In an early spring e-blast, we posted a picture of this large, somewhat innocuous looking caterpillar that showed up on top of six inches of snow in my back field.
The phone app iNaturalist, a handy app for identifying many things in nature, identified this generally as something in the Cutworms and Dart Moths family. It noted that some in this family are generalist feeders, meaning they feed on anything, which can make them something of a pest.
I soon received an email from CREA’s good friend, David Reed, our local invertebrates experts. The following information on our friend the cutworm is all thanks to David.
The so-called ‘winter cutworm’ is a common but minor pest in Europe. It is not native to North America, first arriving in Nova Scotia in 1979. It was found in Michigan in 1998 and first seen in Oregon in 2001. Apparently the moths cover some ground, since we can assume the caterpillar is neither sprinter nor distance runner.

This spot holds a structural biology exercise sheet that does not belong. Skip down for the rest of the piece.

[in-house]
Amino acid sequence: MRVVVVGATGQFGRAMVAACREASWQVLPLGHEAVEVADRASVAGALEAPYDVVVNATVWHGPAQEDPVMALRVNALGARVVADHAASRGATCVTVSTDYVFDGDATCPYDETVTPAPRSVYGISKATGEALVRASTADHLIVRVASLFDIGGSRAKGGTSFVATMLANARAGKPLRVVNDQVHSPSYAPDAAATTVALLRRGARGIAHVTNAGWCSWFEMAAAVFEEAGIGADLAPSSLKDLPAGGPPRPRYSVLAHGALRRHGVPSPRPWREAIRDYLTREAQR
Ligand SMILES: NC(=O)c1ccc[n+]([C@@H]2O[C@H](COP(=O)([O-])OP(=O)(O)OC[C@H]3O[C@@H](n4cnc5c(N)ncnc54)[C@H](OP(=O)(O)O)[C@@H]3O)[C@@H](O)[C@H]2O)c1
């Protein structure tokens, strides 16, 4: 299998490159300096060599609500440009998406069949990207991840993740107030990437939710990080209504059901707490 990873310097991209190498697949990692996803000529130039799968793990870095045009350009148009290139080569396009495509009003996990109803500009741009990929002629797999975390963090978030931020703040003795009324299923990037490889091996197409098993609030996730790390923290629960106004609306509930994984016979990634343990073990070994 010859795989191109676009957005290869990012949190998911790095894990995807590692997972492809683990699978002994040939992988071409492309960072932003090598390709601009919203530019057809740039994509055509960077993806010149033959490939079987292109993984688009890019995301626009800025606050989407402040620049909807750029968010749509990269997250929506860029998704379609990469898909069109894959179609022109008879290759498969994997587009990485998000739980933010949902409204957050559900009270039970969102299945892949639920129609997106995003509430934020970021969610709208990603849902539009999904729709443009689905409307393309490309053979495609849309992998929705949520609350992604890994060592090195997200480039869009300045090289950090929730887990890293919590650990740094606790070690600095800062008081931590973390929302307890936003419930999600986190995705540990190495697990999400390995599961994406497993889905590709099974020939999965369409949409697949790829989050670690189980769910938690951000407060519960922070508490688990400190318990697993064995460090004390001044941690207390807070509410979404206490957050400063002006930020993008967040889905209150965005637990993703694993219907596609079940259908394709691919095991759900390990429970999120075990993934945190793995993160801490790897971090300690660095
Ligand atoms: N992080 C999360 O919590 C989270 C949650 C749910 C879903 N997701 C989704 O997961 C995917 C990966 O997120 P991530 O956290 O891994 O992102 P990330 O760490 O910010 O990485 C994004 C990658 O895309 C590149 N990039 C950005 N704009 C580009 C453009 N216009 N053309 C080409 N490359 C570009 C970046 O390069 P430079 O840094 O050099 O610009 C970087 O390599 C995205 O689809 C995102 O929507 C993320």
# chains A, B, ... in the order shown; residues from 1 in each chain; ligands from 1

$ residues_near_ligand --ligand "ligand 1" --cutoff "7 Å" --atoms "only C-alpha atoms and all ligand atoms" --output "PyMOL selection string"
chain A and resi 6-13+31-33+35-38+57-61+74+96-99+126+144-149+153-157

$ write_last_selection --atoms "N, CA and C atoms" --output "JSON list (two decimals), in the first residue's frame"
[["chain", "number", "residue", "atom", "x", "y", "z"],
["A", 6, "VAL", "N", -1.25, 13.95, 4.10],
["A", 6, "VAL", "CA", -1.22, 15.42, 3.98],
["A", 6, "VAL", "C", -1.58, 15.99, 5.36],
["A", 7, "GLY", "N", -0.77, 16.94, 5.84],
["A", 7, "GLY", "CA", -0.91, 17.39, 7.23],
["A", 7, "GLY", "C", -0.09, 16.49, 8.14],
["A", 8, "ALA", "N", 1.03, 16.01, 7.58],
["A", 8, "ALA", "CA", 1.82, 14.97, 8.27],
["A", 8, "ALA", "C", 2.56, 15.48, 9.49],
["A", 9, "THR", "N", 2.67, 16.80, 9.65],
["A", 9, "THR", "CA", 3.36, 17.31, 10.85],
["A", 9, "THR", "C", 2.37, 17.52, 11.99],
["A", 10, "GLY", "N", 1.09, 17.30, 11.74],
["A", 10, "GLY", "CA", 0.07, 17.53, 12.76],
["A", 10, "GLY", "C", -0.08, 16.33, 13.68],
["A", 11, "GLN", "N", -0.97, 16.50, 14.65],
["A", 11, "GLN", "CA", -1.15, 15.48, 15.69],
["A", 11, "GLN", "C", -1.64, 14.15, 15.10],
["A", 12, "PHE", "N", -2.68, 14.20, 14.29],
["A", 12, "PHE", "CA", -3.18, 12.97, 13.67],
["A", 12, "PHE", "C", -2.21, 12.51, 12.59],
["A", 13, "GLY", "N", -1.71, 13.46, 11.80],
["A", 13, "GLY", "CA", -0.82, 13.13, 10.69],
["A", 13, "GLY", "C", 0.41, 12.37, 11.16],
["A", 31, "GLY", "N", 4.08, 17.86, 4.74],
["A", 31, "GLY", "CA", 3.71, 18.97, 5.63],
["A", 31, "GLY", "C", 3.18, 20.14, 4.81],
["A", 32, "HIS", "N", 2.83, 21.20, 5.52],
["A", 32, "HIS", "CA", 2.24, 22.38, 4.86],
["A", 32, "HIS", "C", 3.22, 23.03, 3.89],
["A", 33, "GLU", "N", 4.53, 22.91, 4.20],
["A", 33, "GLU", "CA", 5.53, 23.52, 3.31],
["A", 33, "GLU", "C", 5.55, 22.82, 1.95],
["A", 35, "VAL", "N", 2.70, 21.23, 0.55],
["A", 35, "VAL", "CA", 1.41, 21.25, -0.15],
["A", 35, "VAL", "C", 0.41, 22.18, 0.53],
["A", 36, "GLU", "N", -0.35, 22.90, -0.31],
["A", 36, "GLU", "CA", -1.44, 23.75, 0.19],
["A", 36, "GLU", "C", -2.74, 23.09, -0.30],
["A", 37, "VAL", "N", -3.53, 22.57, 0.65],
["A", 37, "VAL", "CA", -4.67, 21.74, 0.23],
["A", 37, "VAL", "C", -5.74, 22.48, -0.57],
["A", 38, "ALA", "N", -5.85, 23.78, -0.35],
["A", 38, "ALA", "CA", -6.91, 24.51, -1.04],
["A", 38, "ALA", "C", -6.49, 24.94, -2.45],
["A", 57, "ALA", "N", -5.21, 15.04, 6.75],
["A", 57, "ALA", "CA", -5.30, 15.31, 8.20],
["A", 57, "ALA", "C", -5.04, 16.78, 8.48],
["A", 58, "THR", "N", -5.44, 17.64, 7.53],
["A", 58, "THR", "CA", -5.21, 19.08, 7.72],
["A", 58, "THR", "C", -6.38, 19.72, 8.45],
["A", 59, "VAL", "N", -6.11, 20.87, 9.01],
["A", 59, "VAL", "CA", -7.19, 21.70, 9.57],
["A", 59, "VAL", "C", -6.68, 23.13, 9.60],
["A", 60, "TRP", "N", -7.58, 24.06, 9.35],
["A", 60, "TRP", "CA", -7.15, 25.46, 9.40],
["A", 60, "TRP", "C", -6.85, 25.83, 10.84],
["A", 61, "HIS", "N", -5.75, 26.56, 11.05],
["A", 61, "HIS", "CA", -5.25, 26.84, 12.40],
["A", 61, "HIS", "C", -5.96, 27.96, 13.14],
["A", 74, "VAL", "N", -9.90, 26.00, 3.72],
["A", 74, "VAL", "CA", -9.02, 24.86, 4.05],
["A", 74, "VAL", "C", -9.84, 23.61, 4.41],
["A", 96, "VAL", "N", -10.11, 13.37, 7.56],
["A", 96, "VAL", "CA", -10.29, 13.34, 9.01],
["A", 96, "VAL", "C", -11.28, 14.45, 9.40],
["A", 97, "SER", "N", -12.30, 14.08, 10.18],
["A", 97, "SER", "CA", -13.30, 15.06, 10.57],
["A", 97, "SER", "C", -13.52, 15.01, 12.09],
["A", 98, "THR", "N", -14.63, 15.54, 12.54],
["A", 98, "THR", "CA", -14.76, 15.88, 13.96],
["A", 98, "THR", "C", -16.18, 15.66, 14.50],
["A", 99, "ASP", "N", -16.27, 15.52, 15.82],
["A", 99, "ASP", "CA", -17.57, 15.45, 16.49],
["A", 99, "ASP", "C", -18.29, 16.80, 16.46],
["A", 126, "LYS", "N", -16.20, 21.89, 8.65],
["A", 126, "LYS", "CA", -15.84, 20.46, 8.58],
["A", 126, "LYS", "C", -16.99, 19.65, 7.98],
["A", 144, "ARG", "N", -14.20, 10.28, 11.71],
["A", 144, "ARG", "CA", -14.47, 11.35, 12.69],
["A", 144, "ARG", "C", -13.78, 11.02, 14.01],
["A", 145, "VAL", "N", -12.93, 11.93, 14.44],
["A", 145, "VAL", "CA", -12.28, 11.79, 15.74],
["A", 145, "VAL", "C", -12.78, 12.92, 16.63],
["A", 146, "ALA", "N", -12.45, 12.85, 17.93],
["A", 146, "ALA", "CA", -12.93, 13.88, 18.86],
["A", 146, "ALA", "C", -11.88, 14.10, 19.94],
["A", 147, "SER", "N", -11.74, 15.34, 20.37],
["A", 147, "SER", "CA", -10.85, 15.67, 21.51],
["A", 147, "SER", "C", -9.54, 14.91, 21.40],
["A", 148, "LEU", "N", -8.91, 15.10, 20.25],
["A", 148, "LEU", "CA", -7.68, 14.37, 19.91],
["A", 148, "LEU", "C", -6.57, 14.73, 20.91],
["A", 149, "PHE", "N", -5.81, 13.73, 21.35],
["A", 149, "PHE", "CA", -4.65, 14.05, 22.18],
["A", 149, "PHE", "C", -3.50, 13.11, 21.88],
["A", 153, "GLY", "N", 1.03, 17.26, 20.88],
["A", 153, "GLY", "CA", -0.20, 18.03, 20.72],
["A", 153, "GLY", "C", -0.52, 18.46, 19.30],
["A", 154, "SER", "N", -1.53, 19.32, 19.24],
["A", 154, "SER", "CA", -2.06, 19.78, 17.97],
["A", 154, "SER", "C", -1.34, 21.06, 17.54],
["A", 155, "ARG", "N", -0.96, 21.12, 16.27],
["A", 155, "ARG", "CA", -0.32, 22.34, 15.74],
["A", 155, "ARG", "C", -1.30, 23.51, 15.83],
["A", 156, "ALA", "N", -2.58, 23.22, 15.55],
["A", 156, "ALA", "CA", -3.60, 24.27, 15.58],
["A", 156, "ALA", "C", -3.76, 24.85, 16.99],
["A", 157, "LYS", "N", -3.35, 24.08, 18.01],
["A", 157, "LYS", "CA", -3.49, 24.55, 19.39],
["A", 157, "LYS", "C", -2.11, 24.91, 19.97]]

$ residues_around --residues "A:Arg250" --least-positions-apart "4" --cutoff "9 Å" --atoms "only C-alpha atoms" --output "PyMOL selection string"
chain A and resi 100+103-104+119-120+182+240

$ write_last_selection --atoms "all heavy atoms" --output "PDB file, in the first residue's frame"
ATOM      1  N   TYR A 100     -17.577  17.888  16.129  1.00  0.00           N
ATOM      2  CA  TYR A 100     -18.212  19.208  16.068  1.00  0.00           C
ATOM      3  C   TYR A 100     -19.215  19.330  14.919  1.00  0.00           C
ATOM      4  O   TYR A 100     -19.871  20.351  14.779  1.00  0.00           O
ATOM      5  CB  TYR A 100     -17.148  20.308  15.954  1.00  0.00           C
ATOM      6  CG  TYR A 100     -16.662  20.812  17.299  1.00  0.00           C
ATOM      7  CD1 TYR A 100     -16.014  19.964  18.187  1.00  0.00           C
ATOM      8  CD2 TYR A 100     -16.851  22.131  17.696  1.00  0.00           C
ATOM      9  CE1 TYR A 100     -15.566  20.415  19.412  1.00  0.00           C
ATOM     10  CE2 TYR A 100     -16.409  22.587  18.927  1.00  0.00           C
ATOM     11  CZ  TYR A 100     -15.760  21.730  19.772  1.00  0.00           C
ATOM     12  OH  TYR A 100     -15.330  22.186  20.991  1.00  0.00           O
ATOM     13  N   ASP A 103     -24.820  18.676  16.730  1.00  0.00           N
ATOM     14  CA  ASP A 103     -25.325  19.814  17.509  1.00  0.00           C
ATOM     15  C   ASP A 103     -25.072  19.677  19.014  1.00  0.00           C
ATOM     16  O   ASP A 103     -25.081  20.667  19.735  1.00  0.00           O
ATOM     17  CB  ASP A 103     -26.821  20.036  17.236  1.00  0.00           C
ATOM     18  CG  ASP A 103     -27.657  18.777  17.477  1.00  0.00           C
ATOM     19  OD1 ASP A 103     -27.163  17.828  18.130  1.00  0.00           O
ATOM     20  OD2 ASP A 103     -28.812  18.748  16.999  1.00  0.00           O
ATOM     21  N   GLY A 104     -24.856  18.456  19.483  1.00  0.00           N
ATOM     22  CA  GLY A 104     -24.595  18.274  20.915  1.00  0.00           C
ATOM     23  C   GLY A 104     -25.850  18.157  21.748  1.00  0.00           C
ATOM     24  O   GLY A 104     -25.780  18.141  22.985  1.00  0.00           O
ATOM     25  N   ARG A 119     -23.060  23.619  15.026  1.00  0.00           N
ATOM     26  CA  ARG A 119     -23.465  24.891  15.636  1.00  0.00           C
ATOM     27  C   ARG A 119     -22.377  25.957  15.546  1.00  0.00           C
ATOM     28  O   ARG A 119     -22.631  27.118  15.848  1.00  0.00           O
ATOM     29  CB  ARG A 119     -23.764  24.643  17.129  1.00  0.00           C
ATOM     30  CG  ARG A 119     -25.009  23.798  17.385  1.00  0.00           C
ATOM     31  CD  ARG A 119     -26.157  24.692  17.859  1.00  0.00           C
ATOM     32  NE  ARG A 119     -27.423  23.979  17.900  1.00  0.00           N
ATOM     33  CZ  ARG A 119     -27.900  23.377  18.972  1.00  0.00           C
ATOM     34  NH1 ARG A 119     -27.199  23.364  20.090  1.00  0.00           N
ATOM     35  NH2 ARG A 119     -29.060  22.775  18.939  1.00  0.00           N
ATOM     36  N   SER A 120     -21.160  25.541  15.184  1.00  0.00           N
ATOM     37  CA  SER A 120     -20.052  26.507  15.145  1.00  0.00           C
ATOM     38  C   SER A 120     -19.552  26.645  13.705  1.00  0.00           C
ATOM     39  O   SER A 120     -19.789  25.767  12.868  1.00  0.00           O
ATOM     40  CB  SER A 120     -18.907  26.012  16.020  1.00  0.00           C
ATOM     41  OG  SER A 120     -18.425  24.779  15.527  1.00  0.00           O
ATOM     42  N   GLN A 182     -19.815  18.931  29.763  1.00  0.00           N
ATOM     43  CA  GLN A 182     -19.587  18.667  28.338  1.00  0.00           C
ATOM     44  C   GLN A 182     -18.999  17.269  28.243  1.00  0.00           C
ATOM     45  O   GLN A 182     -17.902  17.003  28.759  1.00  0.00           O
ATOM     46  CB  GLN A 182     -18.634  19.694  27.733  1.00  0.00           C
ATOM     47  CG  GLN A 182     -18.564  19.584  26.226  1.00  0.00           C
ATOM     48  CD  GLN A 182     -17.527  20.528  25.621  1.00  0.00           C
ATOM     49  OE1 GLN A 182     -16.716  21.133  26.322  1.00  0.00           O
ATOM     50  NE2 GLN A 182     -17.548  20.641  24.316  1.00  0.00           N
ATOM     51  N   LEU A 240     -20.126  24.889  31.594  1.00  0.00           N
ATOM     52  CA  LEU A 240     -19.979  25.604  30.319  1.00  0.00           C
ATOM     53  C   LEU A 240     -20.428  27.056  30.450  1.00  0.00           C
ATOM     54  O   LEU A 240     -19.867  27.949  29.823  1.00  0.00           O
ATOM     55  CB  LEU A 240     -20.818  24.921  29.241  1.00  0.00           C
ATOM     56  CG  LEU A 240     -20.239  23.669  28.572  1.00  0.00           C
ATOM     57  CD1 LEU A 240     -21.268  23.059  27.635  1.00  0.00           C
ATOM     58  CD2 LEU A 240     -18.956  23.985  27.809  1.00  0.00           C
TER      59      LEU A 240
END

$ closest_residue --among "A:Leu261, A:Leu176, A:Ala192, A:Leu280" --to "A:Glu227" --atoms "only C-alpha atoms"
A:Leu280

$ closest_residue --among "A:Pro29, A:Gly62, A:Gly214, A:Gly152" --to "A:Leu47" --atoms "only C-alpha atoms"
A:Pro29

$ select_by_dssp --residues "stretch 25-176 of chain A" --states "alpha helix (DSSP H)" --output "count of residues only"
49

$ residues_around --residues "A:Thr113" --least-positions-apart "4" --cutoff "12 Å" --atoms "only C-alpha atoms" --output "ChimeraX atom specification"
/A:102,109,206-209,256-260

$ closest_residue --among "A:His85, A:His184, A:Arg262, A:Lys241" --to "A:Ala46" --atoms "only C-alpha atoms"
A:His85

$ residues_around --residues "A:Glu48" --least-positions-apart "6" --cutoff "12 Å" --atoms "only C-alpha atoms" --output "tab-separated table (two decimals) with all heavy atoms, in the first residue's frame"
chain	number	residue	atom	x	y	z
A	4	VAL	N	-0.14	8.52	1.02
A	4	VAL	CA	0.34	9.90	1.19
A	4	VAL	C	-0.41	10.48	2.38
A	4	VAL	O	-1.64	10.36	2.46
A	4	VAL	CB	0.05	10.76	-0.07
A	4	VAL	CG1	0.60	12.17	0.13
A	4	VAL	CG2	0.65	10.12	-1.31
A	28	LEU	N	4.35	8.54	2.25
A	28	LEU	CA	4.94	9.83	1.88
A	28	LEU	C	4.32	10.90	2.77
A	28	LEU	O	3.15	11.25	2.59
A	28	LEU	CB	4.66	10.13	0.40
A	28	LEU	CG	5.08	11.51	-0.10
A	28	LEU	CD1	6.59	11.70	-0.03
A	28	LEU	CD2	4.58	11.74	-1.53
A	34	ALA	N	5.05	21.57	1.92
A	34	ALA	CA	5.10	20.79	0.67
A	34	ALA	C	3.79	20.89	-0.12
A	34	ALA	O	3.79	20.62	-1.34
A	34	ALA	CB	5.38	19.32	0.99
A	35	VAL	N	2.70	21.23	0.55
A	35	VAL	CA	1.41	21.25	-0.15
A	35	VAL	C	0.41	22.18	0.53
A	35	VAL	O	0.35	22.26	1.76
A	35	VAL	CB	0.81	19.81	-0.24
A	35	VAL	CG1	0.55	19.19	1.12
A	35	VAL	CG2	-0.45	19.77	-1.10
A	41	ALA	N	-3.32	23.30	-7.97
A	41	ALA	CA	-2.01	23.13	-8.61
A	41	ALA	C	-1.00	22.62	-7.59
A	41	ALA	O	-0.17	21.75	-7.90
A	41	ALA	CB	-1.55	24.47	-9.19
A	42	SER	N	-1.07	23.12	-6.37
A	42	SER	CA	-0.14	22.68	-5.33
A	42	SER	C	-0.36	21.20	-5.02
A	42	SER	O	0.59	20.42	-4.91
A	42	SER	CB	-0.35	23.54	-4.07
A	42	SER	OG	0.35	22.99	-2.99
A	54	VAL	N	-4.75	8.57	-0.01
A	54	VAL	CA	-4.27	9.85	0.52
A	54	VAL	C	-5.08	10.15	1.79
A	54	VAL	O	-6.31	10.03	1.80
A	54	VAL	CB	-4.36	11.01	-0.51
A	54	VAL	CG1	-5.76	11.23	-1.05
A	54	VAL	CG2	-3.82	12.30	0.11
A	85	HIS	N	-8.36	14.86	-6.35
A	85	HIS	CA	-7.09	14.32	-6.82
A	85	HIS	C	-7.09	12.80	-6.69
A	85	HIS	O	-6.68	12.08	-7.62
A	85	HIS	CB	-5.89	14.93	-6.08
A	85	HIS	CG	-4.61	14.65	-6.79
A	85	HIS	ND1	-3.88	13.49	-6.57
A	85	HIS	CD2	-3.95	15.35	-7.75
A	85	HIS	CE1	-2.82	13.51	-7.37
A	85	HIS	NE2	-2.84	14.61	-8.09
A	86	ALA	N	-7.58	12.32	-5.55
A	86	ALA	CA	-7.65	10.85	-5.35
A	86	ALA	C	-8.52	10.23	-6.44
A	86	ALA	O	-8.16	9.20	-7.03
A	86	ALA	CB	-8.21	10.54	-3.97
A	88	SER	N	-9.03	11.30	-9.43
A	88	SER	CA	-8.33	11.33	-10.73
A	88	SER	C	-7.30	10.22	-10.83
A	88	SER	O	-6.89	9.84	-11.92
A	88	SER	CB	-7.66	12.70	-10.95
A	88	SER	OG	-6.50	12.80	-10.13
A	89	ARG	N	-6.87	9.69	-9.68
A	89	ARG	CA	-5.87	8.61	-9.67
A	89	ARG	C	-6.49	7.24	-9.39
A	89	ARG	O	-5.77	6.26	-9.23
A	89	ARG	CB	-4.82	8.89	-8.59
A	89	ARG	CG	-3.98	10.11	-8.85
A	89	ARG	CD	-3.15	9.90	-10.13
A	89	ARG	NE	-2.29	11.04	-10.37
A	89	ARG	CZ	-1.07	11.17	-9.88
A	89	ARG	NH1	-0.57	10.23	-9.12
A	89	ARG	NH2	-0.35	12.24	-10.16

Since then it has spread in the US as far as Texas and California. Only rarely is it reported to cause significant crop damage. They cutworms overwinter as last-instar caterpillars and pupate in the spring. (‘Instars’ are developmental stages of insects, in between molts, that enable them to grow or change form until they reach maturity.) They live primarily on grasses but will eat almost anything in your garden including the weeds.
Most interestingly, the caterpillars generate their own glycol antifreeze to prevent freezing in the winter. As they move about in late-winter or spring, they metabolize that sugary glycol at which point they are no longer protected from freezing.
As David noted, “Isn’t nature marvelous?”